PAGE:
We recently came across a Forbes piece that distilled the findings of a Forrester report on artificial intelligence into the 10 “hottest” AI technologies.
As suckers for clickbait, as well as folks interested in the implications of AI for the procurement sector, we checked it out.
ICYMI, here they are, according to Forbes contributor Gil Press, taken from Forrester’s TechRadar™: Artificial Intelligence Technologies, Q1 2017:
The 10 Hottest AI Technologies
- Natural Language Generation
- Speech Recognition
- Virtual Agents
- Machine Learning Platforms
- AI-Optimized Hardware
- Decision Management
- Deep Learning Platforms
- Robotic Process Automation
- Text Analytics and Natural Language Processing (NLP)
Which Ones Matter Most to Procurement Today (and in the Future)?
In procurement, “AI could soon help tackle some of the big challenges facing the industry,” writes Andrew Nichols, analytics lead and head of procurement at Tungsten Network, a global e-invoicing and analytics firm, in a guest post on Spend Matters UK.
Those challenges include “identifying new markets, managing supply chain risks, tracking exchange rate volatility and finding the best value without compromising on quality.”
“Making the most of big data is another area on which procurement leaders are focusing,” Nichols writes. “An example of how this can be achieved is spend analytics software, which has been helping procurement departments identify where cost savings can be made.”
Here are a couple artificial intelligence technologies that procurement practitioners should keep an especially close eye on, with regard to contract lifecycle management specifically:
#10 Natural Language Processing (NLP)
When it comes to contract management, you may have wondered, “How the heck do I actually model and extract all of this knowledge out of our existing contract documents in the first place?”
This is a great question, and as Spend Matters Chief Research Officer Pierre Mitchell has written, “the answer is not easy, because you need to solve the multilingual syntax and semantics problem before you get to higher-level knowledge ontologies. This is where NLP comes in. It’s needed for data mining of external ‘big data’ sources and for addressing the legacy contract encoding problem.”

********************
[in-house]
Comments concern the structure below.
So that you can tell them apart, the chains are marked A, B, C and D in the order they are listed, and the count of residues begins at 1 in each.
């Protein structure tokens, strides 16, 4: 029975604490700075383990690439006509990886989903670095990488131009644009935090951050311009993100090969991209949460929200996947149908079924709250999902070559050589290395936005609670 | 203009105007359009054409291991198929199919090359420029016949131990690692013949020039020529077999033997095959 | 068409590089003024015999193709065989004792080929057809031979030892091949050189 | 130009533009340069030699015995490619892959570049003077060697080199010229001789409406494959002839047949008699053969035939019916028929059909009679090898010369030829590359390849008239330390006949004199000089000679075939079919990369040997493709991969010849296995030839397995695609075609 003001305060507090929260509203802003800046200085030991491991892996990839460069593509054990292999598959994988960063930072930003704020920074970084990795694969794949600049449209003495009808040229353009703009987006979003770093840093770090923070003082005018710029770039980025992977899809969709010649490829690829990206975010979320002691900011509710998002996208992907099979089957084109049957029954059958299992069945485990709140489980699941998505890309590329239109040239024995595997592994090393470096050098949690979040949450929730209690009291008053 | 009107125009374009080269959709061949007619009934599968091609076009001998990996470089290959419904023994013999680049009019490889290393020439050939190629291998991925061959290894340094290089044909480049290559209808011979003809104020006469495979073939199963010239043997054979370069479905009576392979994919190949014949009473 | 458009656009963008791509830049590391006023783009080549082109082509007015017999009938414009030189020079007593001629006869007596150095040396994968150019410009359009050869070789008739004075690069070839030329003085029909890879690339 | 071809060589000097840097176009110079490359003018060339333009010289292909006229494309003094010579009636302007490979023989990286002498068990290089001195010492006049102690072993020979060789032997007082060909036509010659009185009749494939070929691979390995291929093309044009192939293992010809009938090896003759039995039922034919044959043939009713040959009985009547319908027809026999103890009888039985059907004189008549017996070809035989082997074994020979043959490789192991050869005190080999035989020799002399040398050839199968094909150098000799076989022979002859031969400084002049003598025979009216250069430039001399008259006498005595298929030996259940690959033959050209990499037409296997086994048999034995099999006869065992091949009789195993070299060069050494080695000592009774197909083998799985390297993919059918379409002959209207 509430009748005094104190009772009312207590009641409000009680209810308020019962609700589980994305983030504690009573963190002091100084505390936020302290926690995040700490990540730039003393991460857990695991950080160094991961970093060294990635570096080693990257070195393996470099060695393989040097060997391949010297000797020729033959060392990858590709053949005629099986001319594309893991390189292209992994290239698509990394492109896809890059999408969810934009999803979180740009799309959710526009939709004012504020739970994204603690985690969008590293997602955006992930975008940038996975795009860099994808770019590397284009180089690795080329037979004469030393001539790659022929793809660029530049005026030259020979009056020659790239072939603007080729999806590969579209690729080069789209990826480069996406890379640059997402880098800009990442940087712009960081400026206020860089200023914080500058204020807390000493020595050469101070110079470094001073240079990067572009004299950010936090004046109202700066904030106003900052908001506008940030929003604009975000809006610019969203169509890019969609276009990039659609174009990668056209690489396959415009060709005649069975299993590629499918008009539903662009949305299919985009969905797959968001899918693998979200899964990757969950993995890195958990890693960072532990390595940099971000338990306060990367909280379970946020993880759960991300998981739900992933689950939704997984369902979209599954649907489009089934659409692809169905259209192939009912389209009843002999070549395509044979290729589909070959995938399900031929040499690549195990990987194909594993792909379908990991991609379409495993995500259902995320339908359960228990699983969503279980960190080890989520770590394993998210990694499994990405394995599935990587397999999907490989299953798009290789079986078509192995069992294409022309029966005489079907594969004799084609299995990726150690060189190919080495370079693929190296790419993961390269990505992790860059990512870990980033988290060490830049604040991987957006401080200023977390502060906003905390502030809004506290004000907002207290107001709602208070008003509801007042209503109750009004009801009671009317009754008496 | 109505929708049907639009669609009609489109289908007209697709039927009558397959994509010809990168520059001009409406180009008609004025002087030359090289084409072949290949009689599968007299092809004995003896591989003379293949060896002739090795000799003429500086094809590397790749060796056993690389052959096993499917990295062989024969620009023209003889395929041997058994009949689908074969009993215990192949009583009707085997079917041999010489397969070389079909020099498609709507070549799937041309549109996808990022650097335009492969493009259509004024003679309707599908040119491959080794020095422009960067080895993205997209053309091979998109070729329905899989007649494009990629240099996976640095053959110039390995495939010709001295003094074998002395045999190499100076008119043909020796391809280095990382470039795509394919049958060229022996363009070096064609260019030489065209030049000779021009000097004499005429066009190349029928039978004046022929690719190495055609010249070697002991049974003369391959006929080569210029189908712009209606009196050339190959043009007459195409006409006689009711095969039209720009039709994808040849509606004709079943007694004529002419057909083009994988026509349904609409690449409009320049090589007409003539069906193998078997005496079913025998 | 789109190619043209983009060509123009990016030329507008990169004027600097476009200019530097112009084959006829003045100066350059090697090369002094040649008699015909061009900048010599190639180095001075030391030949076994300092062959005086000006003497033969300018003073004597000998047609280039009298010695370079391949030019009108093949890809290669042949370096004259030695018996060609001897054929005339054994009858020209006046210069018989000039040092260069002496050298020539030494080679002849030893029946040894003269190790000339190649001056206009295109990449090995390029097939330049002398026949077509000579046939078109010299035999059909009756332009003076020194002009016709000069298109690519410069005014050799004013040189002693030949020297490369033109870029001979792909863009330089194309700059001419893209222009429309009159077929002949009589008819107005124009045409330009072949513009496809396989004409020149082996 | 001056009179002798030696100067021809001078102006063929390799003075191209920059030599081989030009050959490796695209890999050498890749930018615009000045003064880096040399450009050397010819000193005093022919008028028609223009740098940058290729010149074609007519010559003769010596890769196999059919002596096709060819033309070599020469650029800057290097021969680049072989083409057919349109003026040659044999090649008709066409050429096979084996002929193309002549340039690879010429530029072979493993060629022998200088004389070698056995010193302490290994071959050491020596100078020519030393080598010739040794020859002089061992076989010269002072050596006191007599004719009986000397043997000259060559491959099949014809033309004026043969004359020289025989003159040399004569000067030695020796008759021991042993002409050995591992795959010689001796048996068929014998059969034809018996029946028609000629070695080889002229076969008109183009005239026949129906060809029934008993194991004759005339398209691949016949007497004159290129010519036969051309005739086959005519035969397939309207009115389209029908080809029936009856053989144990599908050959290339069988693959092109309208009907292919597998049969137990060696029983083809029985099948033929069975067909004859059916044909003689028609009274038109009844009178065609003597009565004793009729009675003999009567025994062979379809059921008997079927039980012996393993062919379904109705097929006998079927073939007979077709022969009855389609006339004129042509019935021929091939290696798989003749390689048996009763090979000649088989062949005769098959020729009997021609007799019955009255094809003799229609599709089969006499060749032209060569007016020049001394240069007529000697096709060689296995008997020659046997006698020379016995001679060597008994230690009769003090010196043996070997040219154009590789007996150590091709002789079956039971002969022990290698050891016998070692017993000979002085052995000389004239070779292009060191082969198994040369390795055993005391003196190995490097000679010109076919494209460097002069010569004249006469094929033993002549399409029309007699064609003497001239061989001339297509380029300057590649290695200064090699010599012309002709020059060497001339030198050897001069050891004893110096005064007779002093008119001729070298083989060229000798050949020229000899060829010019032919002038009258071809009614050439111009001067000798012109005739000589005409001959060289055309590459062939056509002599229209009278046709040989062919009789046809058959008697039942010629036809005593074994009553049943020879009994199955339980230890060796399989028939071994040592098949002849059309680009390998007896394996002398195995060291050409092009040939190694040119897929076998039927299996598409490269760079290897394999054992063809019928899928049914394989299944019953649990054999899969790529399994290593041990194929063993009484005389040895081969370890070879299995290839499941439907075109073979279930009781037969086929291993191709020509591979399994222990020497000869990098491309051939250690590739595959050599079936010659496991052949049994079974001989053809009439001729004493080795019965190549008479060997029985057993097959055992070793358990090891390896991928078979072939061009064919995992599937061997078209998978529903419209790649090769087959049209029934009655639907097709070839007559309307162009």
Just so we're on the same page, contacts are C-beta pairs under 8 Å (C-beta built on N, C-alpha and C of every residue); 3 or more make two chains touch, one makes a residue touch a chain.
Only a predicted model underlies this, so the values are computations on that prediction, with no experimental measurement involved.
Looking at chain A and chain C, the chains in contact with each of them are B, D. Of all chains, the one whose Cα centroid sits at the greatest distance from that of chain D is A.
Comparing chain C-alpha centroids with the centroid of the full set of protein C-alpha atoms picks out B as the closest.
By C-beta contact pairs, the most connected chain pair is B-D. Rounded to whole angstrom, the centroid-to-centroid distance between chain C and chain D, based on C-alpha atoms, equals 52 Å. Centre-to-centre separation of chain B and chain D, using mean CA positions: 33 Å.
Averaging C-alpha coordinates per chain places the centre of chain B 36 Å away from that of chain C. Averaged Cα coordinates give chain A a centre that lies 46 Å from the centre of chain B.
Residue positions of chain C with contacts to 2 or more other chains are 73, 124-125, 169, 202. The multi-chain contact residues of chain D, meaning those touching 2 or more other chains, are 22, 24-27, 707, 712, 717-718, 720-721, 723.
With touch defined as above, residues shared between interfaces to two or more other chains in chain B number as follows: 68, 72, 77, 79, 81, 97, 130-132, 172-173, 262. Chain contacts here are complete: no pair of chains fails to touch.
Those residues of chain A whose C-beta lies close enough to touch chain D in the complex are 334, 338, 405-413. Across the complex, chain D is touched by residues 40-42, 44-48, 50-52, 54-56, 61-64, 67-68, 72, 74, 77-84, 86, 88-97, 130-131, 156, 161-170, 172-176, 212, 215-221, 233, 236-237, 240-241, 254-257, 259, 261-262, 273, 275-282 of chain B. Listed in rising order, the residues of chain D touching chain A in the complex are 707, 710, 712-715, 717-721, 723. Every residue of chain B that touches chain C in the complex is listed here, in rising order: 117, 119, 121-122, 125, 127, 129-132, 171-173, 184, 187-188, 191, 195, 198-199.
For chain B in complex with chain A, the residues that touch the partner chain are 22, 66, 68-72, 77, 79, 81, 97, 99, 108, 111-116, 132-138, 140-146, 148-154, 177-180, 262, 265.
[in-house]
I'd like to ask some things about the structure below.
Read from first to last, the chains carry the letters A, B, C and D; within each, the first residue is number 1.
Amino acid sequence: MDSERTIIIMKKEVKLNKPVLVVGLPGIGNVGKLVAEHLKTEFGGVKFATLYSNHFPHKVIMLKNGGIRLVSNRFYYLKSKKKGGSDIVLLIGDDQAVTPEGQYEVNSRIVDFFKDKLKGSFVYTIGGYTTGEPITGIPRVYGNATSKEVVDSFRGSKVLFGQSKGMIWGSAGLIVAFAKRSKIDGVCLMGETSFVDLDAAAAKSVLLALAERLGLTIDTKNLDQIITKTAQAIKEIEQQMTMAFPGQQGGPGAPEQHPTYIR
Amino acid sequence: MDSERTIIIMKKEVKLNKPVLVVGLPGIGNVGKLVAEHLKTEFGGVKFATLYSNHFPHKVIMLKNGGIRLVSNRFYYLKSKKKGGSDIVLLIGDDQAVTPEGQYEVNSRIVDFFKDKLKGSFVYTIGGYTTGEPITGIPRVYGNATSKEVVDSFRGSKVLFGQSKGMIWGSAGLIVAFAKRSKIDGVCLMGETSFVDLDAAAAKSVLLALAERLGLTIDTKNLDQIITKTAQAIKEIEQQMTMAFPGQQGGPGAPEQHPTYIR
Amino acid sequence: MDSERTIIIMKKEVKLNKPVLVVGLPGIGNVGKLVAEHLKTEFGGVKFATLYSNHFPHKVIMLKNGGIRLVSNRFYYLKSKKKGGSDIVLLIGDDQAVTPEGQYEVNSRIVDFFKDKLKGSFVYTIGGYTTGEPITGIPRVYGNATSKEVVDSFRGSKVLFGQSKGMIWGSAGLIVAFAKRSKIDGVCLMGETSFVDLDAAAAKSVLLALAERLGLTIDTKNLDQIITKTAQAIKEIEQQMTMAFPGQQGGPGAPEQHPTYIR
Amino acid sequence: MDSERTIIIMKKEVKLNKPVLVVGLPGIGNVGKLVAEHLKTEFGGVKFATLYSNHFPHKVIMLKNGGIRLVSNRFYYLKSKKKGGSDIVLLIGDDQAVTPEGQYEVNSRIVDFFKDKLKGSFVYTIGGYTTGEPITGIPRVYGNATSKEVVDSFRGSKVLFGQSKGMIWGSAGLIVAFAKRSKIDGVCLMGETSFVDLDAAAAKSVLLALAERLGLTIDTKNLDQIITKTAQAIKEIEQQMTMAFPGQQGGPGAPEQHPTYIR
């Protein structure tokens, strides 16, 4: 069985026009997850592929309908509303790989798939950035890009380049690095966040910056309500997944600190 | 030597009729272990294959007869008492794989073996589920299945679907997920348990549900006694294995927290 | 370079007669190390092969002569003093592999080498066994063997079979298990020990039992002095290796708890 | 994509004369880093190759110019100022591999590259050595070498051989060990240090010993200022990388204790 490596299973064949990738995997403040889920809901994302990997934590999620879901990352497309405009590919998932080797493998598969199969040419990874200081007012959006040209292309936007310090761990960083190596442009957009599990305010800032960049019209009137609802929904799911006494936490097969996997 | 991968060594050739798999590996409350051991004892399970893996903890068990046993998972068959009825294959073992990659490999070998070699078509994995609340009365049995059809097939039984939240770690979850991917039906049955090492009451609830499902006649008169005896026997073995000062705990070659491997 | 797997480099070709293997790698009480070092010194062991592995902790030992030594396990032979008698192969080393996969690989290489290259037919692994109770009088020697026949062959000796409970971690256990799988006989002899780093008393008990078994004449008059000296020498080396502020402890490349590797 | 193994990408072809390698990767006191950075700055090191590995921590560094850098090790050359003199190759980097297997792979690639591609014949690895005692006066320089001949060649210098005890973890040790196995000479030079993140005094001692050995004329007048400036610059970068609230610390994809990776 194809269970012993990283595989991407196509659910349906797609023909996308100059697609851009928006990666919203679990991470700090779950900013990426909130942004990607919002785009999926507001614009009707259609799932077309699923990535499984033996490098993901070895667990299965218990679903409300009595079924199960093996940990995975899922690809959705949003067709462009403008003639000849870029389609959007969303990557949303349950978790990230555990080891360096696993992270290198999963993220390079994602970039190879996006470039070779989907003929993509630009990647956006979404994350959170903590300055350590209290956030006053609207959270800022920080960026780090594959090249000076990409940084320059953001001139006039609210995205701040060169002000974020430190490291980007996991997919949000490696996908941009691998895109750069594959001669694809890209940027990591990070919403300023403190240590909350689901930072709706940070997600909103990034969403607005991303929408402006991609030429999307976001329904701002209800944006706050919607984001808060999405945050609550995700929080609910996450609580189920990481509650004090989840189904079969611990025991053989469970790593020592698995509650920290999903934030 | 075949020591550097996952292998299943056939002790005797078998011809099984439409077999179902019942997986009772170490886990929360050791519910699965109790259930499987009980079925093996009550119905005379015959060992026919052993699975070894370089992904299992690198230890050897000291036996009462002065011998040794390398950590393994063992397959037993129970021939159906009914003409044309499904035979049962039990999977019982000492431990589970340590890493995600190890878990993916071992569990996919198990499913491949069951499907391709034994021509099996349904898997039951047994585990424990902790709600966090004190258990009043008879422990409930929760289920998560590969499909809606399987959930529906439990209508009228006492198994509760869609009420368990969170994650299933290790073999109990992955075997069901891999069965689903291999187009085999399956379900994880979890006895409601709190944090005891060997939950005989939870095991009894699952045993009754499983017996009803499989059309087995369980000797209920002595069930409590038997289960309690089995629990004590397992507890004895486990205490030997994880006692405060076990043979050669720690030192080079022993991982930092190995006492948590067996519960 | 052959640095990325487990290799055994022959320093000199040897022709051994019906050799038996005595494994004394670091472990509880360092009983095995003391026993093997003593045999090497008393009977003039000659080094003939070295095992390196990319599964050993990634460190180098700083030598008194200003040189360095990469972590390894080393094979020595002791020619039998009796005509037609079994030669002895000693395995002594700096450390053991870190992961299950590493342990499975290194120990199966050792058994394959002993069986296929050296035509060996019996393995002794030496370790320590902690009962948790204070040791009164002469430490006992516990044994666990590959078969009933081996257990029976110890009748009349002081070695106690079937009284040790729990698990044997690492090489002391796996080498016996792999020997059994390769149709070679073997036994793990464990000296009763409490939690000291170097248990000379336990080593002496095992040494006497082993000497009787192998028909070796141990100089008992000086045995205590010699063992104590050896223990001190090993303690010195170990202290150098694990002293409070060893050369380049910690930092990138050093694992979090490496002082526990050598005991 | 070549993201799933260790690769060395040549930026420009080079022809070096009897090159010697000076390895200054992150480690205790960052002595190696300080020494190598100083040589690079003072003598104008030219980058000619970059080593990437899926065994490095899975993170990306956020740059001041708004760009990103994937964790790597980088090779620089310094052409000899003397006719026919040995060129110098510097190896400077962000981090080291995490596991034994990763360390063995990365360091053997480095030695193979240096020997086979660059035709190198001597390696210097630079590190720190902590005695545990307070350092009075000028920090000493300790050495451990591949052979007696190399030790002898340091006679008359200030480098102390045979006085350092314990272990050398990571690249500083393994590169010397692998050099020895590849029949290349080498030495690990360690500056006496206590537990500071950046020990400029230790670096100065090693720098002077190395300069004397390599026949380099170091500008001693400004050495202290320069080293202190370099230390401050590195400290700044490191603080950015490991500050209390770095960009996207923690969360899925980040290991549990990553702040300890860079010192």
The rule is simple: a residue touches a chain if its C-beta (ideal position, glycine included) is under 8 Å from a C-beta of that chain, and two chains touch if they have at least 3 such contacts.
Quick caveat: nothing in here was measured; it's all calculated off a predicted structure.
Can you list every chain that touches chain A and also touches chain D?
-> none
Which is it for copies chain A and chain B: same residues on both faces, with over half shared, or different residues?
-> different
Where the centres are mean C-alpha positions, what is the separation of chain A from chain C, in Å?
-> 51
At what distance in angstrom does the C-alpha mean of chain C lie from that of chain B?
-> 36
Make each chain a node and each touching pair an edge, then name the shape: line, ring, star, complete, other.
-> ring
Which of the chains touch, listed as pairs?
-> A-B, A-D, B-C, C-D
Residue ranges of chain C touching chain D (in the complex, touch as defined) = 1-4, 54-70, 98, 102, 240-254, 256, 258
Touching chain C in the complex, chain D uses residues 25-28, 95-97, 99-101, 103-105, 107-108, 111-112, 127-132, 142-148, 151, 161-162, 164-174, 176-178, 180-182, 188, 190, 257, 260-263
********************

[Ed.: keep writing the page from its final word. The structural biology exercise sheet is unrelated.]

That eventually leads to…
#4 Machine Learning
In the same piece, Mitchell writes, “the term machine learning refers to computers that ‘learn’ from the data they process rather than relying on humans for rules-based procedural programming to act upon that data. It not only discovers patterns in data but also specifically helps correlate various data inputs and key data outputs, which helps enable predictive analytics.
To get context on both NLP and machine learning in contracts, start at the beginning — it all starts with a base of knowledge.
Forrester AI Report: Key Takeaway
One of the three key takeaways of Forrester’s report is that, as they authors put it, “AI technologies demand new skills, not a new team.”
They write that:
“You can build these intelligent systems with existing development and data science teams, albeit with deeper partnerships among them and novel new roles.”
To that point, stay tuned for Pierre Mitchell’s upcoming series on the Collective Intelligence of Supply, which speaks to how practitioners can best equip themselves to utilize a matrix of interconnected and at times overlapping practices and technologies — not just hop on an AI bandwagon.
According to Mitchell, “there is a lot of content out there on digital ‘disruption,’ including for procurement, but I personally find most of it laden with jargon, and not very instructive on what to do about it all. This is a shame because the fundamental transformation and evolution of value chains offers so many opportunities that supply professionals can seize upon if they understand the changes and how to harness them.”
A recent article in the Atlantic put forth a provocative thesis, one that our editorial team has discussed internally before in light of marketing language sometimes clouding our judgment as followers of trends in the B2B media.
The headline: “Artificial Intelligence” Has Become Meaningless
The sub-head: It’s often just a fancy name for a computer program.
Are we really at the place where the definition of “AI” is akin to defining something as “disruptive” or “innovative” these days?
Give it a full read (we will too) and tell us what you think!